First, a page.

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UN Calls for Help for Burma's Cyclone Damaged Farms


The U.N. World Food Program has made an urgent appeal for funds to assist Burmese farmers whose lands were devastated by Cyclone Nargis last year. Many communities in the Irrawaddy Delta may be years away from full recovery.

The World Food Program says international aid is coming too slowly to help farmers plant crops for this season.

The Irrawaddy Delta, known as the rice bowl of Burma, was devastated last May by Cyclone Nargis, which claimed more than 130,000 lives.

The WFP representative in Burma, Chris Kaye, says cash for farmers for the planting season is the key issue for local communities. Many local credit sources dried up after the cyclone.

"The main concern remains the availability of funds, of cash, of credit, in order to enable farmers to purchase the inputs required for the planting season for the monsoon rice crop," he said.

Kaye says money is only "trickling in" and there is growing concern contributions will fall short or will not arrive in time for the planting season.

International donors have sought guarantees on how aid is used in Burma because of fears the government will siphon money away. A recent U.N. appeal has raised just 60 percent of the money requested.

The WFP request for additional short-term funds came as the agency released a report on the damage Nargis did and the international effort to help survivors.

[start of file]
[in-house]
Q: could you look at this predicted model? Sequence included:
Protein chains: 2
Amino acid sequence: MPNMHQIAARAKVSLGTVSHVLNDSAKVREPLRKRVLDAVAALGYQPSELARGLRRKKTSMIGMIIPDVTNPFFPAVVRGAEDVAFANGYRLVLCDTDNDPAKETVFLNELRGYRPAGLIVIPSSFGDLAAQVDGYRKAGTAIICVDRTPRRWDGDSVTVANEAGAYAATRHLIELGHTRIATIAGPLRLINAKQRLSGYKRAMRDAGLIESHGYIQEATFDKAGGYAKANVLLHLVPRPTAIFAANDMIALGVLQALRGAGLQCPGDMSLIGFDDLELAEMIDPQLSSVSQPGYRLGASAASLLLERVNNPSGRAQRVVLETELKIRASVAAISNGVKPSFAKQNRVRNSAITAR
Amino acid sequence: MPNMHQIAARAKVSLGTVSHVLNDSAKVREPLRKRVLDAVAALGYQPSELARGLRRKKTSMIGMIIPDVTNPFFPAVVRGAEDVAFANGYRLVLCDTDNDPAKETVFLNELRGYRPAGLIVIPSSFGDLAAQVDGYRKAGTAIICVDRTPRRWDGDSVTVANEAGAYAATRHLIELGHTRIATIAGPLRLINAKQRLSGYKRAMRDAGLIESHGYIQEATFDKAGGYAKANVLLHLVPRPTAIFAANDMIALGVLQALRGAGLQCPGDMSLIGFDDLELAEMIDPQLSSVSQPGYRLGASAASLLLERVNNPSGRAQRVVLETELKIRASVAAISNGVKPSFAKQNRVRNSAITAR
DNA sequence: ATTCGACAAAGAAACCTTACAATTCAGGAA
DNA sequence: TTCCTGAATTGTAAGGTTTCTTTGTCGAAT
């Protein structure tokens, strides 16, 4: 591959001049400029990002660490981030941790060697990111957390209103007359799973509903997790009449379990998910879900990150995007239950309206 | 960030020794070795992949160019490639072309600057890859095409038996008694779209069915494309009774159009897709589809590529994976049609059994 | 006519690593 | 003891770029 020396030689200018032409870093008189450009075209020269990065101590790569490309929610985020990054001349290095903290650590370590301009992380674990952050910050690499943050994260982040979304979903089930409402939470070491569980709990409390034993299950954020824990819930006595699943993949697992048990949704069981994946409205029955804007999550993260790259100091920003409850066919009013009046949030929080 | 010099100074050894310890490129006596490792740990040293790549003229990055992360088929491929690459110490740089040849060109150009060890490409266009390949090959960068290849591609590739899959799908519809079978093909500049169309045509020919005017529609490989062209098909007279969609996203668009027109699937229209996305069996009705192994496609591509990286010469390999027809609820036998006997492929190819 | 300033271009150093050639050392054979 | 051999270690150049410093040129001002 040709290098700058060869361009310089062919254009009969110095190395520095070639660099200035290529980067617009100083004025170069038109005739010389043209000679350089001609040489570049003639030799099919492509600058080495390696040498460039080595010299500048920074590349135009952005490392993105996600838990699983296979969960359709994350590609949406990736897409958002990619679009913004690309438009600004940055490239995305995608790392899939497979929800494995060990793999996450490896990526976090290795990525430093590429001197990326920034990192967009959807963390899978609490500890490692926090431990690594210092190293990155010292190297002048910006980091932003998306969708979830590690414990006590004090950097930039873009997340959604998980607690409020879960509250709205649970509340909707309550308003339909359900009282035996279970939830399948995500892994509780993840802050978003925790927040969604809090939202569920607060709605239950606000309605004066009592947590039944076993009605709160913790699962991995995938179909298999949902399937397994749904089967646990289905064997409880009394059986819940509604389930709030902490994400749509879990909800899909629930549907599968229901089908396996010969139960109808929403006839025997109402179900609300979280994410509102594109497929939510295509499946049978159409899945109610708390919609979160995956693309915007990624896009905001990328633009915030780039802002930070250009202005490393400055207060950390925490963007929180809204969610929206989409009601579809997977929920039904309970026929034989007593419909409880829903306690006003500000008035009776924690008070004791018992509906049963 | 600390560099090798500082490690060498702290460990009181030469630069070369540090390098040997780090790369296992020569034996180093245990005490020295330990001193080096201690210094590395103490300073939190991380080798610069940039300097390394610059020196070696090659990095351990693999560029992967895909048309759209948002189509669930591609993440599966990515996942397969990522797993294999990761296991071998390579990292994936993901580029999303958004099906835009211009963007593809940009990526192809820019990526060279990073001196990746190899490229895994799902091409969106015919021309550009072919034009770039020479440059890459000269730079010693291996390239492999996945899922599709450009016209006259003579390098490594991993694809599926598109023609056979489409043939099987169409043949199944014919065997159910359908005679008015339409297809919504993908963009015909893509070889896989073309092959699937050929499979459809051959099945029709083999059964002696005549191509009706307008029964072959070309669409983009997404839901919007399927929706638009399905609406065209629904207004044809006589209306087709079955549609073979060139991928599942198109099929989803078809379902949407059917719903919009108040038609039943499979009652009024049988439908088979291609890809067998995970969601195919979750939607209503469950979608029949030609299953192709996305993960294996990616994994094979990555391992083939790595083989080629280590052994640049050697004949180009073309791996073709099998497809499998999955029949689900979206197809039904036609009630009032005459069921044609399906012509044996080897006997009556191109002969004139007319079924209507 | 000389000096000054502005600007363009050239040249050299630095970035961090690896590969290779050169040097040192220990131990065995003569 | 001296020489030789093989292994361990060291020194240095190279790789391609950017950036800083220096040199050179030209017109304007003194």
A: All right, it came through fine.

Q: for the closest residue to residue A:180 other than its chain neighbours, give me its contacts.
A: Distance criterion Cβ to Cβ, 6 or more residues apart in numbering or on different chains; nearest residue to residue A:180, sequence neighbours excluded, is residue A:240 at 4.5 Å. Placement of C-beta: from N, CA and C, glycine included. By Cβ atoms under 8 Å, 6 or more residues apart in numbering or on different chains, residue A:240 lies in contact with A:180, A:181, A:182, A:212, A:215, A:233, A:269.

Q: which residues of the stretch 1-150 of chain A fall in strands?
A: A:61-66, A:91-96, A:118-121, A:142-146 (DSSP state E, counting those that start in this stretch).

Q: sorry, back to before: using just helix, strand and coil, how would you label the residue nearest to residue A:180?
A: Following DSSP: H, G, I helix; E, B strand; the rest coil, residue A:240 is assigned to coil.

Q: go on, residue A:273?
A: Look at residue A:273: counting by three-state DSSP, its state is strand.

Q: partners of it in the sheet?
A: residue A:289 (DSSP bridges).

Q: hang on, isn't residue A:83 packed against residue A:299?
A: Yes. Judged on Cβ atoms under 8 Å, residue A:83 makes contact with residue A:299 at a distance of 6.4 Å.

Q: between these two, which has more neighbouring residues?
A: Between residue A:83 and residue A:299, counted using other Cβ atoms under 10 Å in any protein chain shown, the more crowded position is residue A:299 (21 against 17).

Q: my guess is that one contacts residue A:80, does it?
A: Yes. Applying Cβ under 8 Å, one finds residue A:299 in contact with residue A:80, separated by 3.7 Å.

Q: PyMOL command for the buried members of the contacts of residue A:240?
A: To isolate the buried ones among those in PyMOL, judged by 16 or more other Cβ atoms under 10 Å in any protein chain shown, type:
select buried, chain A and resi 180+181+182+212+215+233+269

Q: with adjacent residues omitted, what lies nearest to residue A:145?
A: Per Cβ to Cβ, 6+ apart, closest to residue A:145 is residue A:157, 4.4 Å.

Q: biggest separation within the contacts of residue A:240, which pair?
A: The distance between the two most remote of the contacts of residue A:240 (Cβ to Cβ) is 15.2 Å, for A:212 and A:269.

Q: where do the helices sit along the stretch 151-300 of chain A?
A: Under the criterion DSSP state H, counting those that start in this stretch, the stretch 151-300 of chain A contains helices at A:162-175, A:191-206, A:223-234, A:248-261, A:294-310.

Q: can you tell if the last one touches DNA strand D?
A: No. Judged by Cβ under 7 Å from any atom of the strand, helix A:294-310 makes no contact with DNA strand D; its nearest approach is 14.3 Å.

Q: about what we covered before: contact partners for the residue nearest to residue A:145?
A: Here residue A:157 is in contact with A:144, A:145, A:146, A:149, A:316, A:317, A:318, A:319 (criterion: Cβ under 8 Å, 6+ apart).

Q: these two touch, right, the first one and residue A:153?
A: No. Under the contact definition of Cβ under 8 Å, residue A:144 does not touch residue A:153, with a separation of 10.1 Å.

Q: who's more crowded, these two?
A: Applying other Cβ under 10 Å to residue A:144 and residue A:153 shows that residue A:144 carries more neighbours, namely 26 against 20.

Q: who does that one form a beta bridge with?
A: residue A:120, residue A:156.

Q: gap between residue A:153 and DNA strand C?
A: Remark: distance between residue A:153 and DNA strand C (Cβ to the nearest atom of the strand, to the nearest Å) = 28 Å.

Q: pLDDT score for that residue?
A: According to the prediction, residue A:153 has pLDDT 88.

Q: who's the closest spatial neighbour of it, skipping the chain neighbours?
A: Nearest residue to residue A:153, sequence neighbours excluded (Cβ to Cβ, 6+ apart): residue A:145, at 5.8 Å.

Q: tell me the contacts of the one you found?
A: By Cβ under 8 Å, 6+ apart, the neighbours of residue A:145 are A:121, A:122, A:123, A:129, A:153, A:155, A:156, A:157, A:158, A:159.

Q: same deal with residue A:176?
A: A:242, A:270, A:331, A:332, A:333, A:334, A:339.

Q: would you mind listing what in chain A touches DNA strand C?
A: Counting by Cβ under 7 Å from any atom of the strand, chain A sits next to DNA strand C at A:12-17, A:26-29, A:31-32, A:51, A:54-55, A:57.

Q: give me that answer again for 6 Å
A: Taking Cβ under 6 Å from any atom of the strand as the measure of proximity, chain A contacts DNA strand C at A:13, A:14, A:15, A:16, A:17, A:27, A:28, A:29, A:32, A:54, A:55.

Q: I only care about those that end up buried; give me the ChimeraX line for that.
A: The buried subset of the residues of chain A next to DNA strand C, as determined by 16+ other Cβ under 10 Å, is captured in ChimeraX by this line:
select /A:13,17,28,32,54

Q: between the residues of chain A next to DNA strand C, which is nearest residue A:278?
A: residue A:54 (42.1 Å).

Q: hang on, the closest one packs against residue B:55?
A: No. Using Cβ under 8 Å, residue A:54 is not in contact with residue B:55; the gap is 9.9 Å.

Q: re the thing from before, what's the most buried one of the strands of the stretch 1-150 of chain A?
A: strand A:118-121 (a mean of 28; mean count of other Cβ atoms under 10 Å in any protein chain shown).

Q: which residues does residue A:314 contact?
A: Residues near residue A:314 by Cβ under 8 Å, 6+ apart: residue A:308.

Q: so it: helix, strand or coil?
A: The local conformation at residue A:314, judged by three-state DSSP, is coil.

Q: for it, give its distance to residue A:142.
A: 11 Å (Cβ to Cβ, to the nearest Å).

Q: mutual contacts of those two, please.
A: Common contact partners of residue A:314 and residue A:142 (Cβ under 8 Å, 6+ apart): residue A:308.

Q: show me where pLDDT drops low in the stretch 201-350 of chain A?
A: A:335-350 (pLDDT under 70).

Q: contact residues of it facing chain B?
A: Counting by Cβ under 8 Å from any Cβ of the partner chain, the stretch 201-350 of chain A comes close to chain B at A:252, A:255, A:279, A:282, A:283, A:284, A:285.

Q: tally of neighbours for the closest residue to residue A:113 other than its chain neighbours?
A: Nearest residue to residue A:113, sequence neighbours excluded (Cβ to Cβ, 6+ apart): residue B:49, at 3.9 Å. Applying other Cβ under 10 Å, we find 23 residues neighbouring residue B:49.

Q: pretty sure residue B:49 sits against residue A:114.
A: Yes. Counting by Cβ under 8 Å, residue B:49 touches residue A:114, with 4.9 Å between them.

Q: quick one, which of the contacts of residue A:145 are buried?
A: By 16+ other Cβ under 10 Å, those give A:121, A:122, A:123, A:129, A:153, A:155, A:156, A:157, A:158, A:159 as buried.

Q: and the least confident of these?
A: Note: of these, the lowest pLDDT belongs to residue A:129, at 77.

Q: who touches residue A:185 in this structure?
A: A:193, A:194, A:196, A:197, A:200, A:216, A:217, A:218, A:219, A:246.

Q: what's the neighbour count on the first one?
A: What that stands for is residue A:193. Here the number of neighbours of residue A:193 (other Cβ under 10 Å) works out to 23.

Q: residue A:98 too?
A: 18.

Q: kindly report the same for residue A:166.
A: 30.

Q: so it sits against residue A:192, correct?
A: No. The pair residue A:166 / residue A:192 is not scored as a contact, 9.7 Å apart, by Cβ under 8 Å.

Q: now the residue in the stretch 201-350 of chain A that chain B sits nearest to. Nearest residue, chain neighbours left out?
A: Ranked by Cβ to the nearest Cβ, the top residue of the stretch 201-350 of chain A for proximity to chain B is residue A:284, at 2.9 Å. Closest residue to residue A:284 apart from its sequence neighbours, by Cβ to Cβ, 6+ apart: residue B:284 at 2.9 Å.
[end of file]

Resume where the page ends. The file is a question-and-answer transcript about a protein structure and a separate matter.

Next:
The storm swept away homes, forestry, assets and livelihoods. The storm surge pushed ocean water far inland, destroying crops and damaging the soil.

Despite efforts by international aid agencies, Kaye says questions remain over whether some areas of the delta will ever fully recover.

"Will the delta ever be the same again? I sense not. The psycho-social care, the psycho-social needs of people are immense and the likes of MSF and UNICEF have concentrated on those as best they can - but I sense, like you, it is inadequate in relation to the overall need," he said.

But others are less pessimistic. Belete Temesgen, emergency coordinator of World Vision International, says local communities are "very resilient."

"Of course there are challenges - there is a lot that needs to be done but with the assistance, the planning that we are doing together with these communities I think that the efforts that we are making definitely they will recover but much needs to be done," he said.

World Vision expects it will take the region four more years to recover.

The cyclone affected more than two million people, and was the deadliest disaster in Asia since the December 2004 Indian Ocean tsunami, which nearly 200,000 lives.

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